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HOME : African & Tribal Art : AS.On Loan : Kissi Soapstone Nomoli Sculpture of a Kneeling Figure
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Kissi Soapstone Nomoli Sculpture of a Kneeling Figure - PF.6155
Origin: Guinea/Sierra Leone
Circa: 16 th Century AD to 20 th Century AD
Dimensions: 7.5" (19.1cm) high
Collection: African
Medium: Soapstone


Additional Information: AS
£7,500.00
Location: UAE
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Description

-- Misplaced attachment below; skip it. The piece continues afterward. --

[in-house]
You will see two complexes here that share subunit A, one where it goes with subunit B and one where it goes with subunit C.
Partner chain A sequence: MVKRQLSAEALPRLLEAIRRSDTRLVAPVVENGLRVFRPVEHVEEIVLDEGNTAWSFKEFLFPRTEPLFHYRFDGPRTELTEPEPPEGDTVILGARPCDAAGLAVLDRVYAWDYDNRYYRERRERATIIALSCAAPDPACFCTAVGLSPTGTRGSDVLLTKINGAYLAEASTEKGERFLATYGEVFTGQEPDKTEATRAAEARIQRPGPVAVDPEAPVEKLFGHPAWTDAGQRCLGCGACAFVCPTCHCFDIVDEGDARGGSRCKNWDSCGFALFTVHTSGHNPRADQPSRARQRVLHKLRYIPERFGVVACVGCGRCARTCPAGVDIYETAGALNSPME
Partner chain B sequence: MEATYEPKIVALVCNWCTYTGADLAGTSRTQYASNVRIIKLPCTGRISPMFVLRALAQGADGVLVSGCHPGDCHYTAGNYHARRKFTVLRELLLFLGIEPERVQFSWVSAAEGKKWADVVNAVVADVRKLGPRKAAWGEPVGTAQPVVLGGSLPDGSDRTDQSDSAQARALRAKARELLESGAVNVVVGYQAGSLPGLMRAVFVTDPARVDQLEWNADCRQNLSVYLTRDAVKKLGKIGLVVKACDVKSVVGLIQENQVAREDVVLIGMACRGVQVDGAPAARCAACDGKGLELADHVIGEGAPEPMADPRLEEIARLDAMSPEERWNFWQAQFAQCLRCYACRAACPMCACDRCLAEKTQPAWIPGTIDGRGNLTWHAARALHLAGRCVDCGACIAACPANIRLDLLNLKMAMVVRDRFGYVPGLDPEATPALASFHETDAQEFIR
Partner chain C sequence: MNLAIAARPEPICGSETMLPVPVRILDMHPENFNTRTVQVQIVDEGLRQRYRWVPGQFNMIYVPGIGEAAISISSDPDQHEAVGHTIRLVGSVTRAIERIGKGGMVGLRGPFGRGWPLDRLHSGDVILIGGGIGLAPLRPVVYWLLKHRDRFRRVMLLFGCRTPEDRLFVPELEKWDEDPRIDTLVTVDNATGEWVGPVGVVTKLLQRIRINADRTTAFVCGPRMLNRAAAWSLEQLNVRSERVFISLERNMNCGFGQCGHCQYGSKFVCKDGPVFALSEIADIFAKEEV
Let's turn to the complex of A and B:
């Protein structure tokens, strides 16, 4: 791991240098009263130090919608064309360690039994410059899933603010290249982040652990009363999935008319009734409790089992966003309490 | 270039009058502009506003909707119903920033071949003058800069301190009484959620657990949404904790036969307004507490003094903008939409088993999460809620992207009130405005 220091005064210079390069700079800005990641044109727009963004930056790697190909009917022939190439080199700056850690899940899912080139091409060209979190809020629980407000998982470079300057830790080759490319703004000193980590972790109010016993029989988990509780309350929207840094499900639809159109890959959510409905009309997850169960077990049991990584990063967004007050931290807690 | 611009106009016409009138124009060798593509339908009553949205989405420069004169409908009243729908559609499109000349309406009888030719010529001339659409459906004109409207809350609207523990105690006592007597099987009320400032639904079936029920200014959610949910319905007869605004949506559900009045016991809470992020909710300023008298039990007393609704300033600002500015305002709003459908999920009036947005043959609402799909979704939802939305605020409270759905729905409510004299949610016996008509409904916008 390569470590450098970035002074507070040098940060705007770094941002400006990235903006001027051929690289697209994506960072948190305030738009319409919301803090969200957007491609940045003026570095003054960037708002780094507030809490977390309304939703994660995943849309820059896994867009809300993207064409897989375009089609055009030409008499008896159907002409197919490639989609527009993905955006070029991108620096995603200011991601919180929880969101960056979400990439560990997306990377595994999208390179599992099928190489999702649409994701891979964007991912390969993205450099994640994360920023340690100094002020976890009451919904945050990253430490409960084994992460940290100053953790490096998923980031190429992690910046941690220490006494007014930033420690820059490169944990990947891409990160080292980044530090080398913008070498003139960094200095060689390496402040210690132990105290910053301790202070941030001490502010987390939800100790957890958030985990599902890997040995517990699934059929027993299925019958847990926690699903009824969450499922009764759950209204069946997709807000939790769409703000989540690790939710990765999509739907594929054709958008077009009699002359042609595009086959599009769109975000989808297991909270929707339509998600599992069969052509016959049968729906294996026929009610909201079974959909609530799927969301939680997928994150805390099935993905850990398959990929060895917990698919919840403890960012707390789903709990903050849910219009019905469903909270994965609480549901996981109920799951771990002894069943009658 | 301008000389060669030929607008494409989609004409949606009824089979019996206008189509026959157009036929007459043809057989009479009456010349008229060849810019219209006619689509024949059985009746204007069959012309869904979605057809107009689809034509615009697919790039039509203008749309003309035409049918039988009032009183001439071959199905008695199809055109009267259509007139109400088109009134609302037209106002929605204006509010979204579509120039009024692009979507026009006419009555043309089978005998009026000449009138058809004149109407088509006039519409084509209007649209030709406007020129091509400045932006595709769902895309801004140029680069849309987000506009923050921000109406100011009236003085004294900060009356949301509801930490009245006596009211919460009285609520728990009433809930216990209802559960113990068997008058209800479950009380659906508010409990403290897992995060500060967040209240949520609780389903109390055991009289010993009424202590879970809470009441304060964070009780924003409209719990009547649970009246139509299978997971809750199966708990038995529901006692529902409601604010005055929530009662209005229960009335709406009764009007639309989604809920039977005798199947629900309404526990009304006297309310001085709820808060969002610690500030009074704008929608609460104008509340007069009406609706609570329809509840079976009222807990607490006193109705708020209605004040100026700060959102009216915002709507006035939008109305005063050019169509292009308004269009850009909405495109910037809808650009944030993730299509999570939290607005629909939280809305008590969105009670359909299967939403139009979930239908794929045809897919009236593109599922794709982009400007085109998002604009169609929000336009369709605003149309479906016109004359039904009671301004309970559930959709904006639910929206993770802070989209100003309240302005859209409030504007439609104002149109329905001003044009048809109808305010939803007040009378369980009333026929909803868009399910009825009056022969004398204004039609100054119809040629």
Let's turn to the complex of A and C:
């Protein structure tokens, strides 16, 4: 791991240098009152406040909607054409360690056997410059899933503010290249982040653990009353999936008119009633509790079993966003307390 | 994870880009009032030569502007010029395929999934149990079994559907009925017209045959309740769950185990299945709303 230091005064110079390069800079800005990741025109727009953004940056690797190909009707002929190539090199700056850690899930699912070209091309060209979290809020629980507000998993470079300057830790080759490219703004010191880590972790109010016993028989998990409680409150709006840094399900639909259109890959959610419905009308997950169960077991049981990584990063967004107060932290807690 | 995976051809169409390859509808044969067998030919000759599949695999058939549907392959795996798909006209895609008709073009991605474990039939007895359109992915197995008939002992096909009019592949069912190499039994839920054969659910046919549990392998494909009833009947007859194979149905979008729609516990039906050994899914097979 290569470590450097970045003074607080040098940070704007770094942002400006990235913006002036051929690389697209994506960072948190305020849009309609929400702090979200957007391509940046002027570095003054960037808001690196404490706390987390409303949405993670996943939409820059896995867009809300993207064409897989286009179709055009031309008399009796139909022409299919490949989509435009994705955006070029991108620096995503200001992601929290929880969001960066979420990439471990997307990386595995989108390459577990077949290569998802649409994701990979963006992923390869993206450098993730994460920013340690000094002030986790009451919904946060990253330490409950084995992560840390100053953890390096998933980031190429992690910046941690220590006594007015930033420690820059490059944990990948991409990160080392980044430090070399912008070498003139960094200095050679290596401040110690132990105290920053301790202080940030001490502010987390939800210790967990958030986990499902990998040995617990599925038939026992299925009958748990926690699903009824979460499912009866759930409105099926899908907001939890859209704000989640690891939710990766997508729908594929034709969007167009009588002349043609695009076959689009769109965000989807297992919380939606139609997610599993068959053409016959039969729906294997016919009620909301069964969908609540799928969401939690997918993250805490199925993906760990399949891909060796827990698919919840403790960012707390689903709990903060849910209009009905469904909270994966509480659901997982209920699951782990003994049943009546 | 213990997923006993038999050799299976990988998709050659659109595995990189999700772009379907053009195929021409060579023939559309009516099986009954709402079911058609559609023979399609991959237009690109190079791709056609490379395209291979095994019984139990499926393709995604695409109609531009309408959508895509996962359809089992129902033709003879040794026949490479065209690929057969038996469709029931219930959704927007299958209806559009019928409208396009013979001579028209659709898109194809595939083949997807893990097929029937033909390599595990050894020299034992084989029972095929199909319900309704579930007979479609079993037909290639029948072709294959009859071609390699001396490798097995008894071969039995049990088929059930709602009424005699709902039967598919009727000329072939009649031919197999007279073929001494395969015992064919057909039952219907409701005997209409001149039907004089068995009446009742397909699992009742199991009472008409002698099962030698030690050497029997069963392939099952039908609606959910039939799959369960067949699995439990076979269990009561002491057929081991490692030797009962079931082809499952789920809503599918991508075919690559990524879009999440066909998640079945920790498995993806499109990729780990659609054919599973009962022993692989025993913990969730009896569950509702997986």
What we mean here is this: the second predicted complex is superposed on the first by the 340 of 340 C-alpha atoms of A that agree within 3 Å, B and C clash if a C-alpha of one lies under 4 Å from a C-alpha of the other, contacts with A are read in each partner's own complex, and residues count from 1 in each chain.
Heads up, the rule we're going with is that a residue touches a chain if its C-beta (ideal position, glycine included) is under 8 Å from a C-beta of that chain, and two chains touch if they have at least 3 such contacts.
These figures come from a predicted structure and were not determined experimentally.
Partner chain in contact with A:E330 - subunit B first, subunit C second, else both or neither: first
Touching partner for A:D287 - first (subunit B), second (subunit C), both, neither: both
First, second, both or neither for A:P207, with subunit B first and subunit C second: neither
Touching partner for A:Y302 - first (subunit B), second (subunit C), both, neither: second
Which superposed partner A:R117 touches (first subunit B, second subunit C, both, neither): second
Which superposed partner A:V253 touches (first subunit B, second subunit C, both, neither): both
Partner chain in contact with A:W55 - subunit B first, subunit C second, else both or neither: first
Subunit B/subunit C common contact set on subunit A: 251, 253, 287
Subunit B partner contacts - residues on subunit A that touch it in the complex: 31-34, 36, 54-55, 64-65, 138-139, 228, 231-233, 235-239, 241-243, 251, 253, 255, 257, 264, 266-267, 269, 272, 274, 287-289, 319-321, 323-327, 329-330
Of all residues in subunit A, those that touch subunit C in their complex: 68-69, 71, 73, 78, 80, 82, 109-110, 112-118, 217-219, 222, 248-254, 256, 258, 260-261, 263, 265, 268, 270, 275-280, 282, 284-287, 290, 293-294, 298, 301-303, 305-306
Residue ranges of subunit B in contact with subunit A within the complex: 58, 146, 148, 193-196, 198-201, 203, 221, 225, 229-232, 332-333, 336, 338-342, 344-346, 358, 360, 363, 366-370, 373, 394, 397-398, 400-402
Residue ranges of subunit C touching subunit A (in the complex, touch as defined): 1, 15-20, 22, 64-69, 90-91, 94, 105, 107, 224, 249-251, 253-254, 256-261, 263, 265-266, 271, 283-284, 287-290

The Kissi people revere stone anthropomorphic carvings found in fields and rivers in an area located around the Sewa and Mano Rivers. They are called Nomoli. These carvings are extremely old and it was not until 1959 that Western scholars associated them with the so-called Afro-Portuguese ivory objects carved by artists of the Sapi kingdom. Although the Sapi kingdom collapsed in the 16th century, their art survived buried beneath the ground. Occasionally, these ancient works were accidentally unearthed, usually through flooding or farming. Kissi artists would often rework the Sapi sculptures, resulting in a multitude of variations of types and styles. This charming sculpture depicts a kneeling figure with a large, swollen stomach. While the figure appears to be a pregnant woman, there is no indication of breasts or clearly defined genitalia. Thus, this sculpture may represent spiritual fertility. However, it may represent a man suffering from the disease known as ascites, of which abdominal distention is a symptom. In this case, the sculpture would act as a medicinal tool. Libations would be paid to the work in order to cure an individual suffering from ascites. The facial features, including the large lips, flaring nose, and bulging eyes, are all characteristic of Pombo figures. According to Kissi belief, such sculptures were thought to act as intermediaries between the living and their deceased ancestors. They would be worshiped on small altars or in deep bowls. This sculpture, a literal relic of the past, continues to communicate with the lost world left behind. Magically unearthed, it is a gift from the past to the present, suggesting the bounty yet to come. This fertility sculpture was surely as revered by the Kissi villagers who discovered it as by the Sapi artists who crafted it. - (PF.6155)

 

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